Welcome to the Christ's Hospital Forum - for discussing everything CH/Old Blue related. All pupils, parents, families, staff, Old Blues and anyone else related to CH is welcome to browse the boards, register and join in!
I have worked mamelukes (huskies) which can get very vicious between teams but are absolutely docile with humans - lovely dogs.huntertitus wrote:Some types of dog are bred purely to be aggressive, such as guard dogs which are surely bred to be unfriendly to people they havent met before without being trained to do so. These ridgebacks were snapping and fighting with eachother, and were pretty menacing to me, though the owners treated them with love and I am sure they were affectionate dogs to the immediate family.
Yeswurzel wrote:Jode Sheckter doesn't he run laverstoke farm near Hungerford now that does the organic buffalo mozarella and burgers ?
Are these the same as the Alaskan Malamutes?sejintenej wrote:I have worked mamelukes (huskies) which can get very vicious between teams but are absolutely docile with humans - lovely dogs.huntertitus wrote:Some types of dog are bred purely to be aggressive, such as guard dogs which are surely bred to be unfriendly to people they havent met before without being trained to do so. These ridgebacks were snapping and fighting with eachother, and were pretty menacing to me, though the owners treated them with love and I am sure they were affectionate dogs to the immediate family.
Some friends of ours have Newfies - they had 2 plus a pup - and those can get a tad large. They love their daily swim in the river but have one problem- they will try to "rescue" their owner if she starts swimming. Rescue seems to be a genetic trait.
marty wrote:Revd Garry Dobbie had a blind and, as it turned out, rather randy spaniel called Hugo. One particularly warm summer's day Dobbie decided to take our class out for a walk rather than sit inside. Hugo came with us, making it a very memorable afternoon as one girl (who I wont name) bent down to pick up some flowers. Clearly this served as some sort of romantic cue for Hugo as he then launched himself lustfully onto her back, forcing her on to all fours. I'll never forget those precious few seconds as he frantically rutted and humped away, the girl yelping helplessly for assistance whilst Dobbie flapped about shouting "naughty Hugo!". It took several of us to separate them. Still at least we didn't need any lessons about the birds and the bees after that.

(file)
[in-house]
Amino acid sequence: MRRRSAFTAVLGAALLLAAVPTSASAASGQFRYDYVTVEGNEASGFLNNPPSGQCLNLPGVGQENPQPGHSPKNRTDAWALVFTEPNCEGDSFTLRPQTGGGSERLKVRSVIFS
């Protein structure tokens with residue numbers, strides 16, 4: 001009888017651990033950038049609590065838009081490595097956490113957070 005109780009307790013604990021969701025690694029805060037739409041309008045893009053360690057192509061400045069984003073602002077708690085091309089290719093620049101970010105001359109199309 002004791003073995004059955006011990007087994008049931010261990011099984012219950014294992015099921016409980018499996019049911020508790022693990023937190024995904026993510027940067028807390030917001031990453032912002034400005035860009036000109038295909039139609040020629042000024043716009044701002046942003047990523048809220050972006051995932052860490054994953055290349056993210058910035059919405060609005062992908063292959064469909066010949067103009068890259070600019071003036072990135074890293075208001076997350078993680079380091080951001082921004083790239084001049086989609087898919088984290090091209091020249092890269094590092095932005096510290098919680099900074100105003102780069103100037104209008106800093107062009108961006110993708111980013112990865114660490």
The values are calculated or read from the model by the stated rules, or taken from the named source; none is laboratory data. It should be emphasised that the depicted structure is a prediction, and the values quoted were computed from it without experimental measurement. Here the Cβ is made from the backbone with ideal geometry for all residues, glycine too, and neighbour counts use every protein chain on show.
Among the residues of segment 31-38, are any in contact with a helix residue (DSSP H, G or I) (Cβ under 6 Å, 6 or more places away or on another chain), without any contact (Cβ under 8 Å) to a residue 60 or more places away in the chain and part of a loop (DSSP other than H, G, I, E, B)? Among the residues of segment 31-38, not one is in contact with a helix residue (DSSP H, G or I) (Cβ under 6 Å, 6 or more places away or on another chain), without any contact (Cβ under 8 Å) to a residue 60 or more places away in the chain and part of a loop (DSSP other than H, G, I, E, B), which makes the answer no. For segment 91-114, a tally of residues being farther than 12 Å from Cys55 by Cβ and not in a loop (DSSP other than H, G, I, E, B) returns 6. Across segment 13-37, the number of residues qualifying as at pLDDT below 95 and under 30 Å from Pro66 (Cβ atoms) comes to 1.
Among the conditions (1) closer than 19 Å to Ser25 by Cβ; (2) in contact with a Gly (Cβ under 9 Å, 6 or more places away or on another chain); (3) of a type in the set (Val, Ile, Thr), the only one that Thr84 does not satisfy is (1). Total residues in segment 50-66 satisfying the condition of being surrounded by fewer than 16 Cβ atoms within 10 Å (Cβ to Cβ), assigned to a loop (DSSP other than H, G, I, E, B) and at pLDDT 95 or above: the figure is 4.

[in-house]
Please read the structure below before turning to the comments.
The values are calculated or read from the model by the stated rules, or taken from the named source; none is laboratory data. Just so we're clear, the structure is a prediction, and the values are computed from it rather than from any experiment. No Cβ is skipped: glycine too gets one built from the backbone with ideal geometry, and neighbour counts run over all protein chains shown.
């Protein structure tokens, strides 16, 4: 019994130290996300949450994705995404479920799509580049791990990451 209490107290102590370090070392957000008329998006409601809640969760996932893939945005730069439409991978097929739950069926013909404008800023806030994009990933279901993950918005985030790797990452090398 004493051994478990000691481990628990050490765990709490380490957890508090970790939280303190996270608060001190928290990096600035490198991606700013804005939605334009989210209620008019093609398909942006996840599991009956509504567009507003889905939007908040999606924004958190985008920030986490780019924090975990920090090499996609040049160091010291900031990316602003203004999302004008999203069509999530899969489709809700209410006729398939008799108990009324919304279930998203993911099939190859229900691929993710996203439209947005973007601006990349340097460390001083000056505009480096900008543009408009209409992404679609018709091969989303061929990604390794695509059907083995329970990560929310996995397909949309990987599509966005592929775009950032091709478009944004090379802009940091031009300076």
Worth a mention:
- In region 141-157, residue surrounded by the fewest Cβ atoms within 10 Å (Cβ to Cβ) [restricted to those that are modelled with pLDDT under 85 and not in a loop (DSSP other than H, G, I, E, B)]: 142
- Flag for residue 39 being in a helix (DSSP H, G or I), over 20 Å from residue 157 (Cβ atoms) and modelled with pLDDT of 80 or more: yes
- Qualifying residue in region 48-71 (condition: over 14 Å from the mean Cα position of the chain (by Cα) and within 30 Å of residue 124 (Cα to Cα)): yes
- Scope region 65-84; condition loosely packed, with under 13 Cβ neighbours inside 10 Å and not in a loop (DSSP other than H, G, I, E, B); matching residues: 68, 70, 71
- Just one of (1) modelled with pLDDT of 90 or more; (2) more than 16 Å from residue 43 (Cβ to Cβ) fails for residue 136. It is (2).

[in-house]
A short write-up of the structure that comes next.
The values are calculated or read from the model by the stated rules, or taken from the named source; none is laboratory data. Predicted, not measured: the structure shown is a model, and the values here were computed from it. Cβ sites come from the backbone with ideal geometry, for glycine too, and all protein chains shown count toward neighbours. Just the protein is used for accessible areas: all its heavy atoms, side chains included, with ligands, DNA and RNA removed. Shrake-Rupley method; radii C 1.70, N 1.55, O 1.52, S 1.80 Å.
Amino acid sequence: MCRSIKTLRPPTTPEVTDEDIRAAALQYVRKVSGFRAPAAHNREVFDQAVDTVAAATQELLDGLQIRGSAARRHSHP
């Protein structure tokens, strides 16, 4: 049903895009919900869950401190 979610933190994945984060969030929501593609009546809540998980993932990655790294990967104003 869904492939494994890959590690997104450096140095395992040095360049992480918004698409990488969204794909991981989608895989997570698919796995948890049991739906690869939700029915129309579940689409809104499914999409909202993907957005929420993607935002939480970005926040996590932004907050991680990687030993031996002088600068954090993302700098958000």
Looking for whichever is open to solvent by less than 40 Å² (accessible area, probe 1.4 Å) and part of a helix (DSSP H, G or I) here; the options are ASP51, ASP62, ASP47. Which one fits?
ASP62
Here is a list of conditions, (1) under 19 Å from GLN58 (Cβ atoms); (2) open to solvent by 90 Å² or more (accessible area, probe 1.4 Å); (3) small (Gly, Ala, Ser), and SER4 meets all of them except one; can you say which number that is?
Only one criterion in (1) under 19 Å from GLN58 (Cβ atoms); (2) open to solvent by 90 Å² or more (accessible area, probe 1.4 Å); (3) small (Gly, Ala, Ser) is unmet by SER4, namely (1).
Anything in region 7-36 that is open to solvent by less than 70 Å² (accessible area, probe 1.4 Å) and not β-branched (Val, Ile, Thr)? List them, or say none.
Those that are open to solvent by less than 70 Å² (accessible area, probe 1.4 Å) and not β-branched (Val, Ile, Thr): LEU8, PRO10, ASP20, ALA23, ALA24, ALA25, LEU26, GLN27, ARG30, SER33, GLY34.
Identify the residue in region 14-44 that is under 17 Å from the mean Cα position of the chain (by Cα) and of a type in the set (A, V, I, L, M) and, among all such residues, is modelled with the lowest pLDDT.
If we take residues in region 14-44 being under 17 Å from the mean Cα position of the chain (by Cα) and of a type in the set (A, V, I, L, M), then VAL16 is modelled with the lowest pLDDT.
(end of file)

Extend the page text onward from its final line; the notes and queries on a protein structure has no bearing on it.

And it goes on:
Hibin was the mother of Chlorine, and both dogs were still with us at the time I left (1956). What happened to Chlorine's siblings, Fluorine, Bromine and Iodine I have no idea. If you took Chlorine and Hibin for a walk and they caught a rabbit, they would fight over it and attempt to tear it limb from limb unless you wrested it from them and took the carcass back to Kirby's lab. There, he would skin and gut it and the next Wednesday or Saturday afternoon you got to stew it and consume it. I could go on at some length about CF Kirby ("Uncle" to us) but that is a separate topic. A true eccentric and a profound influence on my formative years.michael scuffil wrote:How about some memories of CH dogs?
I propose to start with Chlorine, who must be the only dog to get a public obit at school assembly. CMESeaman regretted "the passing of that best of all worst dogs" (see below).
Chlorine was one of a litter whose other members were named Bromine, Iodine and Fluorine. She "belonged" to CFKirby, and spent most of the time asleep and snoring in a corner of his den (officially his classroom, or lab, but you could have fooled me). She impinged on the school consciousness mostly during the run-up to dinner parade, when Kirby would cycle home to his place in King Edwards Road. Chlorine was not an athletic dog, and lagged many yards behind, occasionally doing her business on the headmaster's front lawn. This journey would be accompanied by shouts from Kirby "Come on, Chlorine, worst dog in Sussex!" (see above)
My favourite Chlorine memory is of the time when she brought in a rabbit she had caught in the middle of a biology lesson. Whatever the subject of the lesson was, it was dropped without further ado, and the rabbit was dissected. A very interesting biology lesson -- I hope Chlorine got to eat the rabbit in the end.